Feeling Frantic? You Could Be Fatigued…

by Leisa on April 6, 2015

It seems like a contradiction in terms, but sometimes feeling completely frantic and anxious can be a sign of fatigue.


When someone is suffering from adrenal exhaustion, the hormone cortisol is not being produced in optimal amounts. Alongside the common symptoms of adrenal insufficiency, such as low blood pressure (dizziness on standing up quickly), salt cravings, allergies, insomnia, muscle weakness, a foggy brain and of course, relentless fatigue – can come anxiety and a sense of being frantic or frantically busy all of the time.

There are two main reasons for this. One is that cortisol acts on the brain and without enough of it, symptoms of anxiety, dread and overwhelm are common. These are not necessarily psychological issues, but are related to the low cortisol levels effecting neurotransmitters in the brain, leading to anxiety. These issues resolve when cortisol levels are normalised.

The second issue and one that is very common, is that when cortisol levels drop, energy drops as well – and in many cases the body will produce adrenaline as a way of providing the energy to get through the day. When this happens it is not a sustainable, solid energy, but a frantic, anxious and jittery energy produced from adrenaline. Although this can allow the person with adrenal fatigue to function, it is actually worsening the adrenal fatigue situation. What adrenaline can also do is prevent restful sleep – insomnia due to adrenaline production is a symptom of adrenal fatigue.

Adrenal fatigue is a multi-faceted issue and can come from long-term stress, emotional trauma, infection, autoimmune disease, chemical toxicity and nutrient deficiencies to name but a few of the many causes. Most people will have one or more issues contributing to the poor adrenal function, and this is where it is not a “one size fits all” treatment program to heal adrenal function, but an unraveling of the underlying factors and a healing program designed for each particular person’s contributing factors. If you suspect you are suffering with adrenal fatigue, saliva hormone testing is the best way to evaluate adrenal function, or coming in for a naturopath appointment is also an option, where I can review your indiviudal circumstances and put together a healing protocol.

The ‘F’ Word Solution is a book that I have written which delves into many areas of fatigue, including a detailed section on adrenal exhaustion. The book is being released in the next couple of months, and you can download the entire first section of the book at the website www.thefwordsolution.com to learn more about the issues of fatigue. I hope you enjoy it!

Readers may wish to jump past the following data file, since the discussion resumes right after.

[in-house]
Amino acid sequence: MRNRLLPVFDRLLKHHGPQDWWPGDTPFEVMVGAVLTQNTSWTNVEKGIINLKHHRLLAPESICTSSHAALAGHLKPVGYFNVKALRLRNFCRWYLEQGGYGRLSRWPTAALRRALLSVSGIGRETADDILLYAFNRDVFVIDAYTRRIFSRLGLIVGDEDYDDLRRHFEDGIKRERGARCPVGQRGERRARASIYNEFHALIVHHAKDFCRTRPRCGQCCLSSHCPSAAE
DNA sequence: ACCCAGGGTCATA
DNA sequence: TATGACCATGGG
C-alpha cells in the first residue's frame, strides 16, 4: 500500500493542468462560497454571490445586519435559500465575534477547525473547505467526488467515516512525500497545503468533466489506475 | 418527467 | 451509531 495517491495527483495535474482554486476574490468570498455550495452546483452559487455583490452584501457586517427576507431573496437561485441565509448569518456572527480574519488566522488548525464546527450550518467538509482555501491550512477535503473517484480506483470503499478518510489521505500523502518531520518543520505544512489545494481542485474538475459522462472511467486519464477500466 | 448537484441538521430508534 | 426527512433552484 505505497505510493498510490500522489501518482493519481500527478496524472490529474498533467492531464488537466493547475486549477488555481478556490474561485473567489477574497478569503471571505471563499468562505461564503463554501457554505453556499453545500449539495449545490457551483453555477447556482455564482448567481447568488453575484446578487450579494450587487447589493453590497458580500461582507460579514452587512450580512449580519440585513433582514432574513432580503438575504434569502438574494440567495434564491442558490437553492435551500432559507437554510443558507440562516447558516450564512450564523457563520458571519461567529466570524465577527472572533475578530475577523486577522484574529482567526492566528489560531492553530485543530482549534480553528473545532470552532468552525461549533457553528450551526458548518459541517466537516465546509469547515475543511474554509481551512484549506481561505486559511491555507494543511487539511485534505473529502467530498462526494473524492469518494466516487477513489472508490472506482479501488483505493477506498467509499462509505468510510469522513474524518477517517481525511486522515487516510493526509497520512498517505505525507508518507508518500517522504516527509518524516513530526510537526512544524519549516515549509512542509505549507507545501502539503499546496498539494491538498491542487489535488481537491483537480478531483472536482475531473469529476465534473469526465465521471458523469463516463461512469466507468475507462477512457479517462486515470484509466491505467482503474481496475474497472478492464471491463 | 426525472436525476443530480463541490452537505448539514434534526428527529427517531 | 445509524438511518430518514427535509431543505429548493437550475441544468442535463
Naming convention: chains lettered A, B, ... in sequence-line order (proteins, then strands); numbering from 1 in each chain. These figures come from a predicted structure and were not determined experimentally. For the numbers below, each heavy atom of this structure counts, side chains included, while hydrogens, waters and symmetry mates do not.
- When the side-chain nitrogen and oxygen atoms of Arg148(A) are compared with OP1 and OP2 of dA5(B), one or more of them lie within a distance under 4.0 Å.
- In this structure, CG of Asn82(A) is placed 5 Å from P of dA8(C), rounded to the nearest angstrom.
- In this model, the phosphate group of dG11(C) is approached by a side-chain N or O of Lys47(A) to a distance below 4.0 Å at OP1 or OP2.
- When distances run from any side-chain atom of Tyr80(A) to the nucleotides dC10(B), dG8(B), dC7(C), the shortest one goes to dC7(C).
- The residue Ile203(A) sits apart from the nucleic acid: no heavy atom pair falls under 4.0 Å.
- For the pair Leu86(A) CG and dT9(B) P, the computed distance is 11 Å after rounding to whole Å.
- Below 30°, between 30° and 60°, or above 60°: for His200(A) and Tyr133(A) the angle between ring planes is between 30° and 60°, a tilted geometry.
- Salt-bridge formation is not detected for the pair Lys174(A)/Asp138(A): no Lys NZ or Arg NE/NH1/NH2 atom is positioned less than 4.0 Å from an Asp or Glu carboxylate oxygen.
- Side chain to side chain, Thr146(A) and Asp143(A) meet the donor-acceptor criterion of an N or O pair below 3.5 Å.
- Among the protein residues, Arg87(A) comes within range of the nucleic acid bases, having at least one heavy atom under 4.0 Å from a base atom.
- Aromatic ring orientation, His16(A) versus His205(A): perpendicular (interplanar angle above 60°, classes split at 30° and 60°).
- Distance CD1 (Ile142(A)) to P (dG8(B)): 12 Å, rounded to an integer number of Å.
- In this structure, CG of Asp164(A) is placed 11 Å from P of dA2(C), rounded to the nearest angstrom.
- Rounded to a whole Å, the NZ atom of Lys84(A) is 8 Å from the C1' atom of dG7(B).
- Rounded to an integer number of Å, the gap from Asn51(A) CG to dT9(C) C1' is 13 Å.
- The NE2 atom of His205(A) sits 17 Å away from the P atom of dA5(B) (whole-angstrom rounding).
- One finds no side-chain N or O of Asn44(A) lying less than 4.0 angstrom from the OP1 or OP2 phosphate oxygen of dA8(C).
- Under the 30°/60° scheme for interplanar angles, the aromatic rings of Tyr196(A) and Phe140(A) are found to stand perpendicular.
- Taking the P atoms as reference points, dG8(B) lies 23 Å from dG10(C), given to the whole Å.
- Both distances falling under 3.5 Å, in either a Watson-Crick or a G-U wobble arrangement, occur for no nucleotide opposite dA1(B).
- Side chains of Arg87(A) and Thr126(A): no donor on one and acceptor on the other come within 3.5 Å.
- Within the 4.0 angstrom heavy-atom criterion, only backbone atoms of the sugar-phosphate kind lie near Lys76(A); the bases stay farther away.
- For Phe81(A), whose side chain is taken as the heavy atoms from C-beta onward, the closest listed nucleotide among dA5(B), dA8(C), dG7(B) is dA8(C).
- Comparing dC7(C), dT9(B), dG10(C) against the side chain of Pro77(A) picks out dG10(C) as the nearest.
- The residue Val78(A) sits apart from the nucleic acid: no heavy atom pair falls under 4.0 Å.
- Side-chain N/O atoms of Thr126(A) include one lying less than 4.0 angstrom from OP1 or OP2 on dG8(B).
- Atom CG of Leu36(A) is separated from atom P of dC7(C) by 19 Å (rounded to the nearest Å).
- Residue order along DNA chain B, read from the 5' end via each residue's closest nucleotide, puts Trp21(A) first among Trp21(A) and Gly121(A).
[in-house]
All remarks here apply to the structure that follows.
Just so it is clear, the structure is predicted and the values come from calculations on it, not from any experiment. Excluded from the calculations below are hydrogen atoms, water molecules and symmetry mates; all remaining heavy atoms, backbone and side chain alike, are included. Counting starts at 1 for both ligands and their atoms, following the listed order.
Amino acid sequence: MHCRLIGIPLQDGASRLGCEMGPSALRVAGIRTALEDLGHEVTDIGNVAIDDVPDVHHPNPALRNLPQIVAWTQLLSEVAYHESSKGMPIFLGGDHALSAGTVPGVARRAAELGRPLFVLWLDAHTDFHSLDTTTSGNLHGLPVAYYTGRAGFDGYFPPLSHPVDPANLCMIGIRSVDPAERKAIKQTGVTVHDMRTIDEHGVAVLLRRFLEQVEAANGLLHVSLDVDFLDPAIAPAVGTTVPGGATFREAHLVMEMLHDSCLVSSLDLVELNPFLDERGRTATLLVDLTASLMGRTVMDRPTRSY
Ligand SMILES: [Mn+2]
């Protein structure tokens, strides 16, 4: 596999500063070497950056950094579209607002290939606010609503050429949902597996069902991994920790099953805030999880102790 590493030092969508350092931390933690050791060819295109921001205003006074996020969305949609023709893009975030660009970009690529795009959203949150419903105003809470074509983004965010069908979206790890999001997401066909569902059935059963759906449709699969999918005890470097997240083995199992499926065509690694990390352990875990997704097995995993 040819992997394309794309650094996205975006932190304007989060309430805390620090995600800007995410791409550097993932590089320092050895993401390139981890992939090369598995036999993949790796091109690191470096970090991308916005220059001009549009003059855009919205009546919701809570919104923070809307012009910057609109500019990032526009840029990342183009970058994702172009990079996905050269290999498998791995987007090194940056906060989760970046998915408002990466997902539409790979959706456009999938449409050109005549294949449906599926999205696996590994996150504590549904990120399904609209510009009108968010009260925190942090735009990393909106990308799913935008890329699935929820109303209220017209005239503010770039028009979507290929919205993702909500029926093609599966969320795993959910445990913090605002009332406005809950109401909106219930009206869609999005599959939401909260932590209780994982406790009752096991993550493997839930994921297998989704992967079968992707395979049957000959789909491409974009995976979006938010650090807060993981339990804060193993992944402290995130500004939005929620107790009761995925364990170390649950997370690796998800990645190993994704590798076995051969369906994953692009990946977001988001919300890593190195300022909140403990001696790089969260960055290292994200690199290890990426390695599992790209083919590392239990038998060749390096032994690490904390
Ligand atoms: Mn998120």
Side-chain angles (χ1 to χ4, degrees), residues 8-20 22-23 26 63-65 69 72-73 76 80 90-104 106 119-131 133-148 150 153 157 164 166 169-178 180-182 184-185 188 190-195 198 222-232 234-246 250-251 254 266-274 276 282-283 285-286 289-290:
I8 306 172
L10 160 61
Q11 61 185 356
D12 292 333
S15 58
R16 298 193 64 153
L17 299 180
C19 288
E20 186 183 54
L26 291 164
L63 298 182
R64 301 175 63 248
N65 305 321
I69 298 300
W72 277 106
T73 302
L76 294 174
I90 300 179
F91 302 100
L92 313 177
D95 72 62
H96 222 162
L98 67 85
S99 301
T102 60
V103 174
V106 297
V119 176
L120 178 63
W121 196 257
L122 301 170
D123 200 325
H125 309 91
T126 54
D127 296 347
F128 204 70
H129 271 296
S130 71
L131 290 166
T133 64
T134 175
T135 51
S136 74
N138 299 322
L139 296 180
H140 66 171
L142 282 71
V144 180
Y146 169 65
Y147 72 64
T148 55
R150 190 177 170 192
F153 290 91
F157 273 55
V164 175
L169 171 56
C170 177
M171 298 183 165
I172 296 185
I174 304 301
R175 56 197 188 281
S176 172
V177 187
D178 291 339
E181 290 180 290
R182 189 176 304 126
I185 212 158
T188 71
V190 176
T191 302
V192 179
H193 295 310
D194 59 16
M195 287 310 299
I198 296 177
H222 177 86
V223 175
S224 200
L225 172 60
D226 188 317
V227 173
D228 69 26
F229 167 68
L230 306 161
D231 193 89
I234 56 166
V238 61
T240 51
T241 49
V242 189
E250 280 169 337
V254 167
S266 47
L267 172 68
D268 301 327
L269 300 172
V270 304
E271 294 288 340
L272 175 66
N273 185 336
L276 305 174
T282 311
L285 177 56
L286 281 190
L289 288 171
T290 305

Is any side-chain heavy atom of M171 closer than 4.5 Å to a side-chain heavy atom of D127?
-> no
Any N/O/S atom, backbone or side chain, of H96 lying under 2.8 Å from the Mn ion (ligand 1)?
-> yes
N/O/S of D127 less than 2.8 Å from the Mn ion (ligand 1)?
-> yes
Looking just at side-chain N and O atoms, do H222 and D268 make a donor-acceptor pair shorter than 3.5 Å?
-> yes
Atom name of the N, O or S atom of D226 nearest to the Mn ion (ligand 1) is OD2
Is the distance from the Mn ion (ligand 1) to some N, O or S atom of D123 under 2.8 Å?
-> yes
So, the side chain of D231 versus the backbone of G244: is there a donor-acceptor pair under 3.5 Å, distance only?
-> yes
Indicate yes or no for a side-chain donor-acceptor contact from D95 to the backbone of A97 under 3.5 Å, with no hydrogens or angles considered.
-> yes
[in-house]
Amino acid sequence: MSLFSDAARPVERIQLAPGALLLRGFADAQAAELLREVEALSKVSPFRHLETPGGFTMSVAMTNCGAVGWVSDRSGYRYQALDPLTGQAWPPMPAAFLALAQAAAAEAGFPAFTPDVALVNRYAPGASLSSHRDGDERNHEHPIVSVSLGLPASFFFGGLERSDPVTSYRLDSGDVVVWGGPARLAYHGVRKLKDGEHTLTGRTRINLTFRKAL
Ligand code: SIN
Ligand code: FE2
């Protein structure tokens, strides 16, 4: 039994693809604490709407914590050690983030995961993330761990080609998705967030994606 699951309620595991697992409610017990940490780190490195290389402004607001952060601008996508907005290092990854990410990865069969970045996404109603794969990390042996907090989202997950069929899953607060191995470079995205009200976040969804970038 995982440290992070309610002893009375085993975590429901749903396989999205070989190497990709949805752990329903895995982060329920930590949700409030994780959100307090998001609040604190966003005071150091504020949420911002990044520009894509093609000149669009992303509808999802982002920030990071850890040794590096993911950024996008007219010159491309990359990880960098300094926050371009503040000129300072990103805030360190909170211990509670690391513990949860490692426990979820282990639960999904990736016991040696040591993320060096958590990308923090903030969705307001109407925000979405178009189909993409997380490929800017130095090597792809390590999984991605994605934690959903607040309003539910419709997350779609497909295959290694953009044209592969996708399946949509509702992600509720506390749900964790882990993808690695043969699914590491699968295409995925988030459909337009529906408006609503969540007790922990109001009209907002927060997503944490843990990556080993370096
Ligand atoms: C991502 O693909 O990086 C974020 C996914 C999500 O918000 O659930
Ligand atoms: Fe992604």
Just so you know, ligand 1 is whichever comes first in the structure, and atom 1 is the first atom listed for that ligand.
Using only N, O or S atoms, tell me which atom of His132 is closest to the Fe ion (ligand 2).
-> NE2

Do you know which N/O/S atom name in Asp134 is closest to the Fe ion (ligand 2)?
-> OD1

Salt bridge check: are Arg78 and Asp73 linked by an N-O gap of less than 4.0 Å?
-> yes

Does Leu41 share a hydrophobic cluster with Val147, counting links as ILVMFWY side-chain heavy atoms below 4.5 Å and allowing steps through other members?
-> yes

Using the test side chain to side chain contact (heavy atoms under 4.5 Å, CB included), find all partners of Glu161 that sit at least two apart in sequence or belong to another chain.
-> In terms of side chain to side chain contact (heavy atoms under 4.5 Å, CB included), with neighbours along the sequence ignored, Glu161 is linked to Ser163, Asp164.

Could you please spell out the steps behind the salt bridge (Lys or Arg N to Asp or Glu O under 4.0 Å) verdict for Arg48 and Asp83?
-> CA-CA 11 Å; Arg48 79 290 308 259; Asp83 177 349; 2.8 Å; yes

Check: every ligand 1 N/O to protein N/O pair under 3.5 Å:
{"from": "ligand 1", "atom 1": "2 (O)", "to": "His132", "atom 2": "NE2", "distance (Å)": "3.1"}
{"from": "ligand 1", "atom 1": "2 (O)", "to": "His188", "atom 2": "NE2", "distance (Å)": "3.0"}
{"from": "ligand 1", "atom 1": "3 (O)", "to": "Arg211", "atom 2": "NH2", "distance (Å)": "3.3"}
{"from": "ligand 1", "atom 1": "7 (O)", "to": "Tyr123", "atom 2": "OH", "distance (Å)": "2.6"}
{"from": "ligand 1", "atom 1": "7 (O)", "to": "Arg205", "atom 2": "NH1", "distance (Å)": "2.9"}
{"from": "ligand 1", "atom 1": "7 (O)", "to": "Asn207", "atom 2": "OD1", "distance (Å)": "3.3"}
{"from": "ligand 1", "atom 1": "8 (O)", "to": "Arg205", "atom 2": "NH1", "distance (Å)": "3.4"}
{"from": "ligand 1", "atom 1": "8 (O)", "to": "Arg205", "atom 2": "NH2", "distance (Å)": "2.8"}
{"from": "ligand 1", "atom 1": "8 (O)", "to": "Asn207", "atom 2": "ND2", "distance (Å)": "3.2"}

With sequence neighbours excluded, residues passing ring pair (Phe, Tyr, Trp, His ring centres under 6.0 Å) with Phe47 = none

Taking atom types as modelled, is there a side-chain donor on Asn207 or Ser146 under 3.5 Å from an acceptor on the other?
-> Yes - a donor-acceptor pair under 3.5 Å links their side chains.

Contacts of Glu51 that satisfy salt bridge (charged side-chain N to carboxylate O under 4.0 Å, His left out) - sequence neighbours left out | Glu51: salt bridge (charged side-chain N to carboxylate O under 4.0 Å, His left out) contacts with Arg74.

Please feel welcome to leave your comment, feedback or question about this blog post below! If you would prefer not to use your own email address, just type in the box below to post your comment. We'd love to hear from you!

6 commentsAdd comment

Sylvie April 7, 2015 at 12:51 am

This is so me! I was wondering why I was freaking out all the time, I am so busy, but I can’t sleep at night and now that you have named it, I can see that ‘overwhelm’ is a good description for how I feel most days.

It is good to think there might be an answer other than medication for anxiety, I’m going to look into adrenal fatigue some more – where can I get your book?

Leisa April 7, 2015 at 12:53 am

Thanks Sylvie! Yes this is a common symptom of fatigue, but one that you might not always associate with it. Good idea to look into adrenal issues – my book isn’t out yet – you can download the first section however from the website http://www.thefwordsolution.com

The best way to get started would be to get some saliva hormone tests done for your adrenal function.

Thanks! Leisa

Peter Randall April 8, 2015 at 3:12 pm

I heard that coffee can cause adrenal exhaustion as well. I wonder how much coffee is too much?

Cameron Hooper April 17, 2015 at 12:07 pm

Another great & brief article. I wonder how common adrenal fatigue is with those who have cancer and undergone traditional allopathic therapy (e.g., chemo, and the plethora of other drugs). These individuals experience a significant amount of stress and are exposed to many different chemicals. I know quite a few people (including family members) who fit into this category and it is quite likely that they have adrenal fatigue.

Be well & be happy,

Cameron Hooper

Jonathan Maxwell May 29, 2017 at 5:12 pm

Adrenal fatigue is such a complicated condition, and I am glad people like you are able to address it and even write a book about it! Thank you for taking the time to write this post. Do you discuss natural remedies for adrenal fatigue? I write about natural remedies for different health conditions at the website http://www.happypowerherb.com

Nelson Pahl September 27, 2017 at 1:40 pm

Excellent piece. And anyone that’s ever suffered from adrenal fatigue—or worse yet, adrenal exhaustion—understands that anxiety becomes commonplace while you endure it.

Leave Your Comment


(Spamcheck Enabled)


Previous post:

Next post: